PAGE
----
The Zillow Catastrophe from a Model Risk Management Perspective


Recent news headline: Zillow to shutter home buying business and lay off 2,000 employees as its big real estate bet falters


Ever since 2006, Zillow has been buying, selling, and renting real estate across the United States. What started as a modest real estate business eventually became a behemoth with a market cap hovered around 23.5 billion dollars at its height. However, as it turned out, home sellers were flocking to Zillow because it was overpaying. The resulting fallout cost them $304 million in write down, shattering their stock price, laying off 2000 employees and created both financial and reputation loss for both the company and its leadership.

How did this happen? Was their AI properly managed?


The story began with a reasonable mission. The goal was to minimize labor costs and increase customer satisfaction, translating to a more profitable and sustainable business model. To achieve this Zillow turned to the ultimate goal of any process: automation. The premise was simple: instead of an agent dealing with the customer immediately, an Artificial Intelligence algorithm would attempt to price the home and make an initial offering, known as the “Zestimate”. This deep learning machine would collect all kinds of data, some scraped from online databases, some provided by the seller. Square footage, recent renovations, appliances, nearby listings, and many other variables were compared against each other to reach the end result, the “Zestimate”, to serve as the baseline for future negotiations.


In theory, the AI algorithm would make an offer in Zillow’s favor, and if the customer agreed they could come to an agreement from the comfort of their own home on short notice, with minimal interaction with an agent. Zillow saves on commission and labor, and the customer saves on convenience. A win-win situation, at least on paper.


Unfortunately, Zillow proved a bit too confident in their reliance on Explainable AI - what was originally coined “an exciting new advancement” by Zillow in a 2019 article touting their Explainable AI. It turned out that the “Zestimate” was often much higher than the initial offering an agent would have made, often above market value. At the same time, too much confidence was placed in the Zestimate’s offering by staff, and the result was many homes bought at a loss: $304 million in real estate losses in one quarter.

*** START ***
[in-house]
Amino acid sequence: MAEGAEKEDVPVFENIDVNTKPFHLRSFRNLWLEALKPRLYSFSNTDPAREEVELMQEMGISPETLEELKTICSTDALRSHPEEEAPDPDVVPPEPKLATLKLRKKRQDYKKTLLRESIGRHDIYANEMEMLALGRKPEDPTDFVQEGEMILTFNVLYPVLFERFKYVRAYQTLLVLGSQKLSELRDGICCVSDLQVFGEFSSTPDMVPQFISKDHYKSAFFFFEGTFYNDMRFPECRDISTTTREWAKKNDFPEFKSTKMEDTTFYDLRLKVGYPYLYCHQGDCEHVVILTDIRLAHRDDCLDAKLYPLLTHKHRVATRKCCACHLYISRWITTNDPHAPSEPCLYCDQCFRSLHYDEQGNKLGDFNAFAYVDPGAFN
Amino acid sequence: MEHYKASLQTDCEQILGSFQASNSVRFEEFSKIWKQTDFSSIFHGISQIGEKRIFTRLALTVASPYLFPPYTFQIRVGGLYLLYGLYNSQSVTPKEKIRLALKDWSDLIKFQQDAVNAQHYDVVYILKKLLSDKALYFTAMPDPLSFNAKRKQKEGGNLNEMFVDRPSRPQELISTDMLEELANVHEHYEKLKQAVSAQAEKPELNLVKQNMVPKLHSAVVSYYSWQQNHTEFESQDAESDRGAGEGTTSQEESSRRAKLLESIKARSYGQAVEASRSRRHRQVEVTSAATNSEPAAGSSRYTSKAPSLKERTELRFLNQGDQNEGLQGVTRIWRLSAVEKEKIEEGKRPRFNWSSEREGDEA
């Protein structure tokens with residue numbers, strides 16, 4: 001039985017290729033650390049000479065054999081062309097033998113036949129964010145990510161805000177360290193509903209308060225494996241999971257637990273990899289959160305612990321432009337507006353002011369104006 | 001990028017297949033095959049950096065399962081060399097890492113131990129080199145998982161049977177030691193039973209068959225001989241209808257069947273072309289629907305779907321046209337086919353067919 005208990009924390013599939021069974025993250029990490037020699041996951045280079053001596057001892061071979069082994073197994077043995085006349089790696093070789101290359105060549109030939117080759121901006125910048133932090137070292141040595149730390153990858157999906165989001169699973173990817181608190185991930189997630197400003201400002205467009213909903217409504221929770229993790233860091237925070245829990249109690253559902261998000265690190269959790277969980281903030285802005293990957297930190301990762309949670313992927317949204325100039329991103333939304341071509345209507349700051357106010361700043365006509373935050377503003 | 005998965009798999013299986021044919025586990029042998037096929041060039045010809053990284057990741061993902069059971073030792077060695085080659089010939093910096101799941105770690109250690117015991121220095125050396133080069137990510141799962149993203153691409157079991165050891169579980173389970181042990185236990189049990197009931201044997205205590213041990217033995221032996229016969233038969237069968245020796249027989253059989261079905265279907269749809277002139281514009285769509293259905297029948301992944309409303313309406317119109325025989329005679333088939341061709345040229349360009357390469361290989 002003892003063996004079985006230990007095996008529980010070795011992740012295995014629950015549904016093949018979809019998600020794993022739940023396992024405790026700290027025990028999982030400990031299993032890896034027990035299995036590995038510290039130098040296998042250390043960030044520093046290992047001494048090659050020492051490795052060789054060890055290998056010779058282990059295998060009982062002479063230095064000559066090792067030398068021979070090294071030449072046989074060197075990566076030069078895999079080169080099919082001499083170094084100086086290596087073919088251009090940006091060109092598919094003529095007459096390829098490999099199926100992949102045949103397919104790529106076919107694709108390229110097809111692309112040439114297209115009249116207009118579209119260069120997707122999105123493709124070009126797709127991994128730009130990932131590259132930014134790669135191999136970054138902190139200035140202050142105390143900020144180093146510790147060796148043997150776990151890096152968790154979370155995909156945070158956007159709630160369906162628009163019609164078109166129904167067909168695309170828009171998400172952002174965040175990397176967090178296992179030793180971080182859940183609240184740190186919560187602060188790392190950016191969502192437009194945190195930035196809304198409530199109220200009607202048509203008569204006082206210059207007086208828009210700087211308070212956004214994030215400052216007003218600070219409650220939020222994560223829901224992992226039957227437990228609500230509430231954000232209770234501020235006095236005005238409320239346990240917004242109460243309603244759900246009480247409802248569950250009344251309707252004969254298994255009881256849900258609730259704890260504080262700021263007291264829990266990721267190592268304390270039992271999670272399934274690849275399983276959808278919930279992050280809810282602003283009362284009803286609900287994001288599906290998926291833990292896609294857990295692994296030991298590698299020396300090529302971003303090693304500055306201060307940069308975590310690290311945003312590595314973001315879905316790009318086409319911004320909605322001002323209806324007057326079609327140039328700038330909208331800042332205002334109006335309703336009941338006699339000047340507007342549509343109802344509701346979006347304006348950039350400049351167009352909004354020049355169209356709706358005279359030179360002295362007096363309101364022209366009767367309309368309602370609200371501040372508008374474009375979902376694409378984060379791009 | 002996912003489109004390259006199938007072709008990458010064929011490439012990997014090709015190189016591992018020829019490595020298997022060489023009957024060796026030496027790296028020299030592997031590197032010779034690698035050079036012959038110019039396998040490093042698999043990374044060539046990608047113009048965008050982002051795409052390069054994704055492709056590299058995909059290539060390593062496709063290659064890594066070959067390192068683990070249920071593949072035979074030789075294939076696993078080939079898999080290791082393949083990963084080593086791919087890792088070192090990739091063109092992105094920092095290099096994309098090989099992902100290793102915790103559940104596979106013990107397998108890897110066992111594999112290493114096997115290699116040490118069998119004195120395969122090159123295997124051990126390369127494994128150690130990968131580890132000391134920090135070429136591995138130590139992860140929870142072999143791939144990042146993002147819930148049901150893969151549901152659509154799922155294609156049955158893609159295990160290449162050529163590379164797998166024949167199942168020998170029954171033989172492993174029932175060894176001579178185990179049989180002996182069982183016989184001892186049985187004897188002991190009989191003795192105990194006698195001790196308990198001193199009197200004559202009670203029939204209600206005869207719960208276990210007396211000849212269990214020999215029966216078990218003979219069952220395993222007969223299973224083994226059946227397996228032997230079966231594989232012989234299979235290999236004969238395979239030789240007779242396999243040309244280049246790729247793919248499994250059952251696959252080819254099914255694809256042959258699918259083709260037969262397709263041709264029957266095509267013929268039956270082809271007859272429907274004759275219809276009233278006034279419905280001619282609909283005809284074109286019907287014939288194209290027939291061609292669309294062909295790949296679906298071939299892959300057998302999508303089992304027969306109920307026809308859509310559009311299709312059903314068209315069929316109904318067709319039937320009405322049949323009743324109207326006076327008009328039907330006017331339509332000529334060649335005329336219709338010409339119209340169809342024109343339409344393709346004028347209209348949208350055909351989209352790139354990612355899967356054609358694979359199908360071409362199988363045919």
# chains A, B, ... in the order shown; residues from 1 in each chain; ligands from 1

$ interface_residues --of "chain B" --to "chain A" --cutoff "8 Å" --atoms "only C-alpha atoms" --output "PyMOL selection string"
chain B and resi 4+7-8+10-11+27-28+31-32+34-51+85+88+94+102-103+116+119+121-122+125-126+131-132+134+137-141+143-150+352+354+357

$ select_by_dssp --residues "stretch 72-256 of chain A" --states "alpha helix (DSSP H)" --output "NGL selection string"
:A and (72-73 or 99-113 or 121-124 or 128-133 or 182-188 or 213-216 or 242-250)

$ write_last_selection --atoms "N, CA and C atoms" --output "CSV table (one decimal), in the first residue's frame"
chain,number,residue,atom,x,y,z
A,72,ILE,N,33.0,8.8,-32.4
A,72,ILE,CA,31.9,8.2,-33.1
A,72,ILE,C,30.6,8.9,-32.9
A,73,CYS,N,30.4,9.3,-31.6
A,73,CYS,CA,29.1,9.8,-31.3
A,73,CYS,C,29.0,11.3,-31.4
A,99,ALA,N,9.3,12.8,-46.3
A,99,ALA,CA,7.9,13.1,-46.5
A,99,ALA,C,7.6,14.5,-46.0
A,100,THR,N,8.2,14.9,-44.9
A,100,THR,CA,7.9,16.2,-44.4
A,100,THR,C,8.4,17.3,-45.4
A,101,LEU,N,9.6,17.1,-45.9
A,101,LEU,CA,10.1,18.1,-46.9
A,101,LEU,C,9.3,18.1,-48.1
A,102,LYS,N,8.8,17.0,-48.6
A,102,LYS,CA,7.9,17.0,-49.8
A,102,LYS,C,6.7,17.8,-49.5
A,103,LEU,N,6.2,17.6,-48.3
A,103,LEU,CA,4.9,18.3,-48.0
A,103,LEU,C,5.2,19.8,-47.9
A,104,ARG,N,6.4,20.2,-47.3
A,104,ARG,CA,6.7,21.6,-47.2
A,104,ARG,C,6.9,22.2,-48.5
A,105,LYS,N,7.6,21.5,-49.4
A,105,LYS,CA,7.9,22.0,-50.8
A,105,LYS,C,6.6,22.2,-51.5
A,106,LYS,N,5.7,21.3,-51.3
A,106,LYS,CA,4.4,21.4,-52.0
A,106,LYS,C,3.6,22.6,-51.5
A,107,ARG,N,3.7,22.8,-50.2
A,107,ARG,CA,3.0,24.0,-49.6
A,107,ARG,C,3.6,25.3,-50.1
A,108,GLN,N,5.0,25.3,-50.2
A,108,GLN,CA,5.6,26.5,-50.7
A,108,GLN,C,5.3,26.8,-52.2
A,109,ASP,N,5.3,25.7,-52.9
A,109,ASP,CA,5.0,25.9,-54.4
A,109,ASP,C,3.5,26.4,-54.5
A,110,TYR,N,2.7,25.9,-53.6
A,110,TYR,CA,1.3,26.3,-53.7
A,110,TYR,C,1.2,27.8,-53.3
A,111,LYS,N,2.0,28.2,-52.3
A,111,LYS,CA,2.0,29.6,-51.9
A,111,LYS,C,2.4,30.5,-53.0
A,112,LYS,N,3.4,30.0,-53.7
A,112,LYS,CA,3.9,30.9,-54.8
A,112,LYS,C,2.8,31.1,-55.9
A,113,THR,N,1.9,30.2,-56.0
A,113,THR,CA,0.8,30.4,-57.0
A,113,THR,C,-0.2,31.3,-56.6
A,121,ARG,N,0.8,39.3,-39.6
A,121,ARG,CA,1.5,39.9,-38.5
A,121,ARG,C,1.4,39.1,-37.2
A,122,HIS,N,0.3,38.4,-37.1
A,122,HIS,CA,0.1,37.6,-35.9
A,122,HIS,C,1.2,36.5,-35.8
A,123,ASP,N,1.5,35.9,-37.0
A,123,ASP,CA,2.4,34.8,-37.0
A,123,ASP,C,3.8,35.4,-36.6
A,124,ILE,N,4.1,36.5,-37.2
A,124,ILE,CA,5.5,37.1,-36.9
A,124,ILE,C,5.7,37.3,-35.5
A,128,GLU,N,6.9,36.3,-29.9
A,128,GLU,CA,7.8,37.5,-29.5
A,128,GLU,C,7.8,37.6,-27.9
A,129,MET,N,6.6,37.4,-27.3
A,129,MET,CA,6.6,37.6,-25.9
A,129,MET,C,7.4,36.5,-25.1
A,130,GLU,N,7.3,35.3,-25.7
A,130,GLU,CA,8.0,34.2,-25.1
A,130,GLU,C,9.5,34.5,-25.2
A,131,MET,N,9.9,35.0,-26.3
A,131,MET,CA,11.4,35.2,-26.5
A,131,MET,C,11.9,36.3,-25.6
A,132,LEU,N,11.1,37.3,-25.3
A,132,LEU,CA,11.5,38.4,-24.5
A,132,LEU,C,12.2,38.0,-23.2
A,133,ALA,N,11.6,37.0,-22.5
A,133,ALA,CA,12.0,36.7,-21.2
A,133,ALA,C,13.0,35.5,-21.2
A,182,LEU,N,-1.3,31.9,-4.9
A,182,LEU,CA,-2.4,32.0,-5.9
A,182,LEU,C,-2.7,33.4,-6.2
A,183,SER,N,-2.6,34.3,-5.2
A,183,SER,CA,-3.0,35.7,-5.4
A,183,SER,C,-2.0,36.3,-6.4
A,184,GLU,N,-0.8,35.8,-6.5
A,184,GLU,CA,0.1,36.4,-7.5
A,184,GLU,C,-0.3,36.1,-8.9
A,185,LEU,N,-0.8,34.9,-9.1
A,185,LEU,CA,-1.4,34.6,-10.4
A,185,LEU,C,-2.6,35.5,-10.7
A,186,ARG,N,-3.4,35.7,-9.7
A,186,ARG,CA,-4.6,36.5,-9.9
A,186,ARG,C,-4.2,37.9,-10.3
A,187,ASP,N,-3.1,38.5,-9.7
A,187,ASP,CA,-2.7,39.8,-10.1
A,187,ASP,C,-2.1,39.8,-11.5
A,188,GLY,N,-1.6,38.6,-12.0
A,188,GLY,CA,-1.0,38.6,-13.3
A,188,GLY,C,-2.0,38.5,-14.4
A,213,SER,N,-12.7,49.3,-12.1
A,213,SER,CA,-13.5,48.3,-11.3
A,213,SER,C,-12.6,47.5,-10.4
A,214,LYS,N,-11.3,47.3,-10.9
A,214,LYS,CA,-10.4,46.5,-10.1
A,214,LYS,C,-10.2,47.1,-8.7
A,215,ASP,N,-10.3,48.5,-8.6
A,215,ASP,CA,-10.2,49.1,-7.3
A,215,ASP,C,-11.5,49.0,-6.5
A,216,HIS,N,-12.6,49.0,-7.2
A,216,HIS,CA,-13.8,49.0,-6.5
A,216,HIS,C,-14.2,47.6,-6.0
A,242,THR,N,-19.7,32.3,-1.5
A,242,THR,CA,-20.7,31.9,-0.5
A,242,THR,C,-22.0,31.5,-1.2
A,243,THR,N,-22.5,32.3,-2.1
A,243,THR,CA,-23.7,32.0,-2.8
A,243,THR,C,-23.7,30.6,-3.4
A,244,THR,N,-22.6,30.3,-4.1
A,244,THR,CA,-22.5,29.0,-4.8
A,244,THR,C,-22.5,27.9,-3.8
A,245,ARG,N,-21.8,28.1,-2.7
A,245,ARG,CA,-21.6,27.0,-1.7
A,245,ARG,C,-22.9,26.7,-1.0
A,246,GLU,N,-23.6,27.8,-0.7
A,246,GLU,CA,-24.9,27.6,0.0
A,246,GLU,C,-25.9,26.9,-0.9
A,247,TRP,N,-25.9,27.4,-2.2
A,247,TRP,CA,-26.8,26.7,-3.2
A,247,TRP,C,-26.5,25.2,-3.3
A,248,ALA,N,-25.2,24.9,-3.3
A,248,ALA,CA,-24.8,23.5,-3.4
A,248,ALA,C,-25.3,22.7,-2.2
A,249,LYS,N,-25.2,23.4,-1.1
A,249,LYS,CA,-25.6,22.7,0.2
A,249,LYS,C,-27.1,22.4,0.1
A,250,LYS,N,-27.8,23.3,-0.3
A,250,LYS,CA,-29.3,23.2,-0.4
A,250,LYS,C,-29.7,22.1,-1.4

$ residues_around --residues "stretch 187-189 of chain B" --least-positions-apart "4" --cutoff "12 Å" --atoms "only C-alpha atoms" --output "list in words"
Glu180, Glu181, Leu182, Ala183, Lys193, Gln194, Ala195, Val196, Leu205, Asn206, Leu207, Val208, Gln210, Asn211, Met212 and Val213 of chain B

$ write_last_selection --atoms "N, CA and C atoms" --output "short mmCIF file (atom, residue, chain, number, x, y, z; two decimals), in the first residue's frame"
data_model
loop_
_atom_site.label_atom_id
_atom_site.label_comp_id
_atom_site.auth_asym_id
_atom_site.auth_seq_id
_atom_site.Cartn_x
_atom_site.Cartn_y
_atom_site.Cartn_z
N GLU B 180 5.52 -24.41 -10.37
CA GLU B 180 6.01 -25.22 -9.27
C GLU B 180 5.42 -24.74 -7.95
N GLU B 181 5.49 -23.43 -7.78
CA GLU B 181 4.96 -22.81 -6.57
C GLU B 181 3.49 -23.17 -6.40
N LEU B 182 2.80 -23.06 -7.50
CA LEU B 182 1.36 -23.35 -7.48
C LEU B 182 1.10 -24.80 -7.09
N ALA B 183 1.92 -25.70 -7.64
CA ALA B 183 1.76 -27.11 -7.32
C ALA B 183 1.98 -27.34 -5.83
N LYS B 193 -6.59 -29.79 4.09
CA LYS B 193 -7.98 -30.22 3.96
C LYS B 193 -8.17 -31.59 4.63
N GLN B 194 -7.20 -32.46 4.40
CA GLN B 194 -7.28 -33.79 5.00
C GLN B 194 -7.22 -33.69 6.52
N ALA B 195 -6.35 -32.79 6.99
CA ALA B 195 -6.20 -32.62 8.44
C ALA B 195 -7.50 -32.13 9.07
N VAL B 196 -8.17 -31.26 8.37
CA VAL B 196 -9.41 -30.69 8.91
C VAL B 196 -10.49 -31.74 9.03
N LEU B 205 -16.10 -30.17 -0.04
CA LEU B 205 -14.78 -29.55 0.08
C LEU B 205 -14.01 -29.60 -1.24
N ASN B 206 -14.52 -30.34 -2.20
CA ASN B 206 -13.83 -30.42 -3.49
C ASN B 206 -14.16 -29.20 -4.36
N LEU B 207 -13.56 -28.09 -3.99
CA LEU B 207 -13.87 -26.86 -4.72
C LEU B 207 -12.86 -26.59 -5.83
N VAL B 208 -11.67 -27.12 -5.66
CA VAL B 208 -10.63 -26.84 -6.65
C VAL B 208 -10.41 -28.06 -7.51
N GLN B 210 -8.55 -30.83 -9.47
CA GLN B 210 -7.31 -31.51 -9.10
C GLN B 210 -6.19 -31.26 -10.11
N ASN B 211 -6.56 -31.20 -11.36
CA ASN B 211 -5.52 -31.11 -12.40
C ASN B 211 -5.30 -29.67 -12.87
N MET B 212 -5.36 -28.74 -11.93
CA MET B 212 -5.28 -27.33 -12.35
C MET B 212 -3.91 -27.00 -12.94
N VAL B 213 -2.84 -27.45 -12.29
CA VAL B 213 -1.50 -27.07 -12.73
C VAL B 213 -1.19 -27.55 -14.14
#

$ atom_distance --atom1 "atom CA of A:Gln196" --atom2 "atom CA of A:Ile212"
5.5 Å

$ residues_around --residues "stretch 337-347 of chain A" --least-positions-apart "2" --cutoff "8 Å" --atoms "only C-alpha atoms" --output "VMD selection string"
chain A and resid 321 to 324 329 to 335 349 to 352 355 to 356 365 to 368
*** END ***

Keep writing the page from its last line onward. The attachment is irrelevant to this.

The financial costs and staff loss are equally harmful to the company’s reputation. After the news of the write down and layoff broke out, over the course of the next few days, Zillow groups share price dropped from $105 to $63, dropping their market cap by roughly $10 billion. A significant loss for Zillow, but an important lesson for others; AI must be properly managed and too much reliance on the traditional post-hoc Explainable AI without proper Model Risk Management can cause significant financial and reputation harm.


See also:

MIT Technology Review Article: Why asking an AI to explain itself can make things worse?


Preventing future mishaps

Several discussion threads on the Internet seems to suggest that it's a business process failure as the model was actually quite good but the business wanted to tweak and allow up to 7% of overpaying. On the other hand, according to Agus Sudjianto, a rockstar in the Model Risk Management world, releasing the AI to production without proper model validation was also likely a culprit.


For those unfamiliar, proper Model Risk Management must include independent model validation to determine whether the model was fit for purpose and conceptually sound.

Zillow claims to have used Zestimate in the same way that their customers did, as a baseline to negotiate from. If this was true, it means that their AI has failed model validation 101 - models should be independently validated to make sure they are fit for purpose. In this case, it seems that they were using Zestimate to estimate pricing for both buy and sell which has exactly the opposite model risk and purpose. One (whether it’s a human or an AI) would want to buy low but sell high obviously!!


Zillow’s failure has made one thing clear: proper investment into AI model risk management resources including people, processes and technology should be sought after to prevent such failures for any organization looking to operationalize AI.


Credit: Thanks to Agus’ LinkedIn Post for inspiring this blog post.


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